Another adage? ("Walk before I run.") Everyone has an "explanation" for why other people's beliefs change in ways they find unacceptible. There's a site on the internet in which a Muslim explains (using Scriptures from his faith) "why some Muslims leave the fold." Henry Morris thinks you are the one who has not studied Scriptures to the same "depth" he has. And from my own point of view it presently appears that you have not studied the Bible nor the historical millieu of Gen. 1 and 2 to the same depth that I have. I don't have that early manuscript of mine up on the web, DOES THE BIBLE TEACH SCIENTIFIC CREATIONISM? All I have at the moment are Paul Seeley's articles that I can send you in attachment format if you care to peek at them. They were written years after I had already left the fold, but they discuss many of the same questions I raised in my manuscript. And Paul Seeley remained a Christian, even an evangelical. It would seem that he hasn't studied those additional questions I mentioned above, or perhaps hasn't read the same books on those subjects that I have. He's stuck to examining Biblical cosmology, the Tower of Babel, concordancy theologies, etc. He's a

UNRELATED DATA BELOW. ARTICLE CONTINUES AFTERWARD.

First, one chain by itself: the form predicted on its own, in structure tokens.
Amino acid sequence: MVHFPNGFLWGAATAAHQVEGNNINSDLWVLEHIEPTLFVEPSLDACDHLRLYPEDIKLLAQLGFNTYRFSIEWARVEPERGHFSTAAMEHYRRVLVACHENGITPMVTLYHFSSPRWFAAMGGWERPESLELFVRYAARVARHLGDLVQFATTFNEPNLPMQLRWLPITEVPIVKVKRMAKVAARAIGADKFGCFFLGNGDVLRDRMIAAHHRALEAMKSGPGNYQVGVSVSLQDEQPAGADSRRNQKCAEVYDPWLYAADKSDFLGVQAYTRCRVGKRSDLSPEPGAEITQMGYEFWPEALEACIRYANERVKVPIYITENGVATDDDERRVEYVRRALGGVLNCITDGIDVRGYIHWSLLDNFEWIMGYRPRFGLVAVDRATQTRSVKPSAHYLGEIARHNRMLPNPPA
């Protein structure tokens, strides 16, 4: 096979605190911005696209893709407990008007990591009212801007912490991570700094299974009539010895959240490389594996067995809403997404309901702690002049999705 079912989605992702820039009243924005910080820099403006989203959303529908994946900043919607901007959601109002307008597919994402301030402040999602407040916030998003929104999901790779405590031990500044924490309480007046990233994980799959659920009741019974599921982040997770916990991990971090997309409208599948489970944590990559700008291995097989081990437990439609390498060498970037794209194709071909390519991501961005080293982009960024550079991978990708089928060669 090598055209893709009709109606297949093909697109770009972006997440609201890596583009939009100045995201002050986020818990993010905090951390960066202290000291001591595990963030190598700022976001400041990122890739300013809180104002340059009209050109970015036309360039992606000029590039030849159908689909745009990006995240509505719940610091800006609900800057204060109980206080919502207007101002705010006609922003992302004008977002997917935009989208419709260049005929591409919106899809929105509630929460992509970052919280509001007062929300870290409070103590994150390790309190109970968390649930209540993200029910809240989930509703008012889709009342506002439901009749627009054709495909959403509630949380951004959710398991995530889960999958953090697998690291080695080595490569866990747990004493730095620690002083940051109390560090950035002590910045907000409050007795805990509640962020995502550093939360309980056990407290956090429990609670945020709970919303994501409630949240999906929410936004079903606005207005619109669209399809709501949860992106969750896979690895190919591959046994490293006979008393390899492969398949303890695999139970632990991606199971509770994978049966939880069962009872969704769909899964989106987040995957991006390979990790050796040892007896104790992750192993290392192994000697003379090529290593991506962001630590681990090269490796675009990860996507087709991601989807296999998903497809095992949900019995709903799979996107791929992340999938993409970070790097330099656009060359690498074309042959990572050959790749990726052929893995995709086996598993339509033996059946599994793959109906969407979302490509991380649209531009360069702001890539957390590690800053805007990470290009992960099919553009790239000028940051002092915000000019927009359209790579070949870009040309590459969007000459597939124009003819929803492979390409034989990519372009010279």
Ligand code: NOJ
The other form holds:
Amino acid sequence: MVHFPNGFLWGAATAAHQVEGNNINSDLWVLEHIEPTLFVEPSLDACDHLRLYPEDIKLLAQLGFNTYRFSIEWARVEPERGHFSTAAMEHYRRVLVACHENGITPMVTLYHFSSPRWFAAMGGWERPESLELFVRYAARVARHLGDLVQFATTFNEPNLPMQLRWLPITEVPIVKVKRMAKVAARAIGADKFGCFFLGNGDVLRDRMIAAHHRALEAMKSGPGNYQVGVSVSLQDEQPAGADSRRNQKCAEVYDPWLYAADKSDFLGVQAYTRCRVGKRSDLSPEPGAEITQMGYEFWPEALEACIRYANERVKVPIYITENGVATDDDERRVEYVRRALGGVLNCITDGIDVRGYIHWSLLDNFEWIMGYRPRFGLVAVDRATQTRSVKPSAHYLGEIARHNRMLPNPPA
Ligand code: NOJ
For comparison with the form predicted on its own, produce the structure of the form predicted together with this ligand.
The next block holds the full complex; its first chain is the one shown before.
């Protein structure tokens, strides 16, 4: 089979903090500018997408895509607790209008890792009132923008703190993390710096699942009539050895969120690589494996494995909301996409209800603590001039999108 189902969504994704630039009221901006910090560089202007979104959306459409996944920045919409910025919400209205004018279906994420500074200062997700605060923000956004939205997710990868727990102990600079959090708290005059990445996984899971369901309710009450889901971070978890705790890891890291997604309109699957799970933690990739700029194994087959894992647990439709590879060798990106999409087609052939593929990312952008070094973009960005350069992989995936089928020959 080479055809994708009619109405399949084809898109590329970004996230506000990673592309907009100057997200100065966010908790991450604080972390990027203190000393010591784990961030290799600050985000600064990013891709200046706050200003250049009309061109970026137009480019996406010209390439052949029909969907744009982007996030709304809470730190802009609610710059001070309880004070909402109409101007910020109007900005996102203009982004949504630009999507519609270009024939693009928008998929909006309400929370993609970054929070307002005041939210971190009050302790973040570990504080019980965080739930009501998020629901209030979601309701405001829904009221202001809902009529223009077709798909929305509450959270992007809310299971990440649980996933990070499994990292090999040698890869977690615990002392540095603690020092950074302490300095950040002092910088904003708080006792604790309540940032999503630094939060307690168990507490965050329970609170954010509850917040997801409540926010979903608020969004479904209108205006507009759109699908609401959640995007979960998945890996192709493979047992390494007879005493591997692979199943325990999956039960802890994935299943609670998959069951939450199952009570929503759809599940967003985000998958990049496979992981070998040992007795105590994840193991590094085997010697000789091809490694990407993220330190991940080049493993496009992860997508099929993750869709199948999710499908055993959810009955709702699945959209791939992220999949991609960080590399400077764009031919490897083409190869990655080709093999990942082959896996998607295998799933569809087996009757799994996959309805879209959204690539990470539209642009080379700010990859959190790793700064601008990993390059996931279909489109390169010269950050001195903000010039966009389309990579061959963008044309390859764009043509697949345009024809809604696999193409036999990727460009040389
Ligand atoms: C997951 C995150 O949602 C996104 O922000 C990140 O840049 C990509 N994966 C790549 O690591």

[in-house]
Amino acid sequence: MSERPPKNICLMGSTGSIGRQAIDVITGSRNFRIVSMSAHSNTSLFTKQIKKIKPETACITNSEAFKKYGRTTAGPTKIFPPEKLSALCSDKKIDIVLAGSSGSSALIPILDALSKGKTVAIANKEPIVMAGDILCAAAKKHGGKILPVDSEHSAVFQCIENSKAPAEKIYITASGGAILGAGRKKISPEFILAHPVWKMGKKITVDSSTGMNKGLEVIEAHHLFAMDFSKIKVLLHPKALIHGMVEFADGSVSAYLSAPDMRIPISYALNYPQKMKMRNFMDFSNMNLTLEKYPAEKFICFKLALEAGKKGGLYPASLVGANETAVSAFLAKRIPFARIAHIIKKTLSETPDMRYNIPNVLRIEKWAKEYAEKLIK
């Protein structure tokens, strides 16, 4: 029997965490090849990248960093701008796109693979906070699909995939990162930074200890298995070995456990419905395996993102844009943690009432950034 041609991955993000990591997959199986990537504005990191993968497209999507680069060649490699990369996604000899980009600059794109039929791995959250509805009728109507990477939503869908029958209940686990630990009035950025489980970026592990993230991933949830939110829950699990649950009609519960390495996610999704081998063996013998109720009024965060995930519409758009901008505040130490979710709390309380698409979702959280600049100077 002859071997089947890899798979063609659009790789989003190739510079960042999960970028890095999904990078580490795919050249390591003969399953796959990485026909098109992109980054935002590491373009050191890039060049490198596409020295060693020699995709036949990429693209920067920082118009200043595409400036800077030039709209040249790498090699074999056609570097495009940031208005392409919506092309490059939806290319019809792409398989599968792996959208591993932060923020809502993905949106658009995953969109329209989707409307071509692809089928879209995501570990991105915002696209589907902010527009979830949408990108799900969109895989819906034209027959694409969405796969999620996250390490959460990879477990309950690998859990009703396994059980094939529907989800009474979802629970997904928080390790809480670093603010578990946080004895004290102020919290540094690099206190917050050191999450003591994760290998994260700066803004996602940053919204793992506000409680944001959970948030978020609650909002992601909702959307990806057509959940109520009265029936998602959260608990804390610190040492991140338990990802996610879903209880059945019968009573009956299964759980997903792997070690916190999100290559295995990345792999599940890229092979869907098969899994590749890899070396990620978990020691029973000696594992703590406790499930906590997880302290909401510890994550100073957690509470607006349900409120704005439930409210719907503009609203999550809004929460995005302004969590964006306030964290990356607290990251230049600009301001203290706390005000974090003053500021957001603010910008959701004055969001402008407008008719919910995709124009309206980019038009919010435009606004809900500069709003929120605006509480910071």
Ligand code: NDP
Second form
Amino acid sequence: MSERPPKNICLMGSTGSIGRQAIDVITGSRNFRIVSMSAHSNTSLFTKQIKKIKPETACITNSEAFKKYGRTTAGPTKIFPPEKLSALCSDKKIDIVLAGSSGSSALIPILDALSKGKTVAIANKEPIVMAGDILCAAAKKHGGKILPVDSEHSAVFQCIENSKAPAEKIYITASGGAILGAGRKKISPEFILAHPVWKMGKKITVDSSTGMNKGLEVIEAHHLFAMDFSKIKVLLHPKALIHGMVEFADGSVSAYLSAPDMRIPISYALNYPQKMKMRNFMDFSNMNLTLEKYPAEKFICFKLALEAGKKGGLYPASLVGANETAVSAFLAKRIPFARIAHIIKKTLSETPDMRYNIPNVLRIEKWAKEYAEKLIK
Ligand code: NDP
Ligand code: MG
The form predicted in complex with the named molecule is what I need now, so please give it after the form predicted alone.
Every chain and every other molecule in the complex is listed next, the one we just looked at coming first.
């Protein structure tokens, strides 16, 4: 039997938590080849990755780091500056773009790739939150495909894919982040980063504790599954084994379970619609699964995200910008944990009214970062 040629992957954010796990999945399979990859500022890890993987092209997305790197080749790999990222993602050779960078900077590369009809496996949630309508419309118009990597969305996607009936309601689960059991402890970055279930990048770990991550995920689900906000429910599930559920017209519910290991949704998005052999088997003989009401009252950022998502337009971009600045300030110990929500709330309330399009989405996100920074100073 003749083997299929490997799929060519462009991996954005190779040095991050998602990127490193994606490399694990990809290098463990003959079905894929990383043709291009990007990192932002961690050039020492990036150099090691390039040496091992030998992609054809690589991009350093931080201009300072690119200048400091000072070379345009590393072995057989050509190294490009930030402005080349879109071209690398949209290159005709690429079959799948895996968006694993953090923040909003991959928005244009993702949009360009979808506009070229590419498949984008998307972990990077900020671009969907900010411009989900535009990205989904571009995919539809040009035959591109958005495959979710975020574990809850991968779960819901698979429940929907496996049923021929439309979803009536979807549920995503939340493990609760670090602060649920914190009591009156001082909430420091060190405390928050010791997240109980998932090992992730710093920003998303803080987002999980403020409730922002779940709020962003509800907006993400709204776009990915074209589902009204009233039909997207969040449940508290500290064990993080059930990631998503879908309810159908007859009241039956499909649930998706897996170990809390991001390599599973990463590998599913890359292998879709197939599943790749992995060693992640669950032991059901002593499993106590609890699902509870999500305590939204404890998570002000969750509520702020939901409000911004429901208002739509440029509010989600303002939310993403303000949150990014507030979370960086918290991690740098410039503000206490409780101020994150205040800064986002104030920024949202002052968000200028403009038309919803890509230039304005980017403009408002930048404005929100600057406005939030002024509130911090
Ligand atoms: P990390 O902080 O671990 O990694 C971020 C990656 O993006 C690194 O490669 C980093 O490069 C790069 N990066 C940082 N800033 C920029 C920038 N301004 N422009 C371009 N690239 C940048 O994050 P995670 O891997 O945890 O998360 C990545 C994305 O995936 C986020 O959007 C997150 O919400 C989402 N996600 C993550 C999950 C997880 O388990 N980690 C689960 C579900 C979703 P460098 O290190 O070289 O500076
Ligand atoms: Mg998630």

Christian evolutionist I believe. But he remains firm in his belief in the N.T. being accurate.
In my case, in my earliest years as a Christian, while I read mostly mainstream evangelical Christian books that built up my Christian understanding in a more balanced way. Creation, while important, is not "the weightier matters of the law" (Mt 23:23) that a young would-be Christian should first attend to.
As a young Christian I read mainstream evangelicals too, not simply YEC books. Among the first books I read by mainstream evangelicals were John Stott's BASIC CHRISTIANITY, C. S. Lewis's MERE CHRISTIANITY, Francis Schaeffer's ESCAPE FROM REASON, and a few Andrew Murray books on Christian spirituality, the Blood, etc. I also read lots of Christian testimony books including ones by Richard Wurmbrand (tortured for his faith who today runs Christian Martyrs), Sadhu Sundar Singh (famous Sikh convert to Christianity), BrotherAndrew (who smuggled Bibles into communist Russia).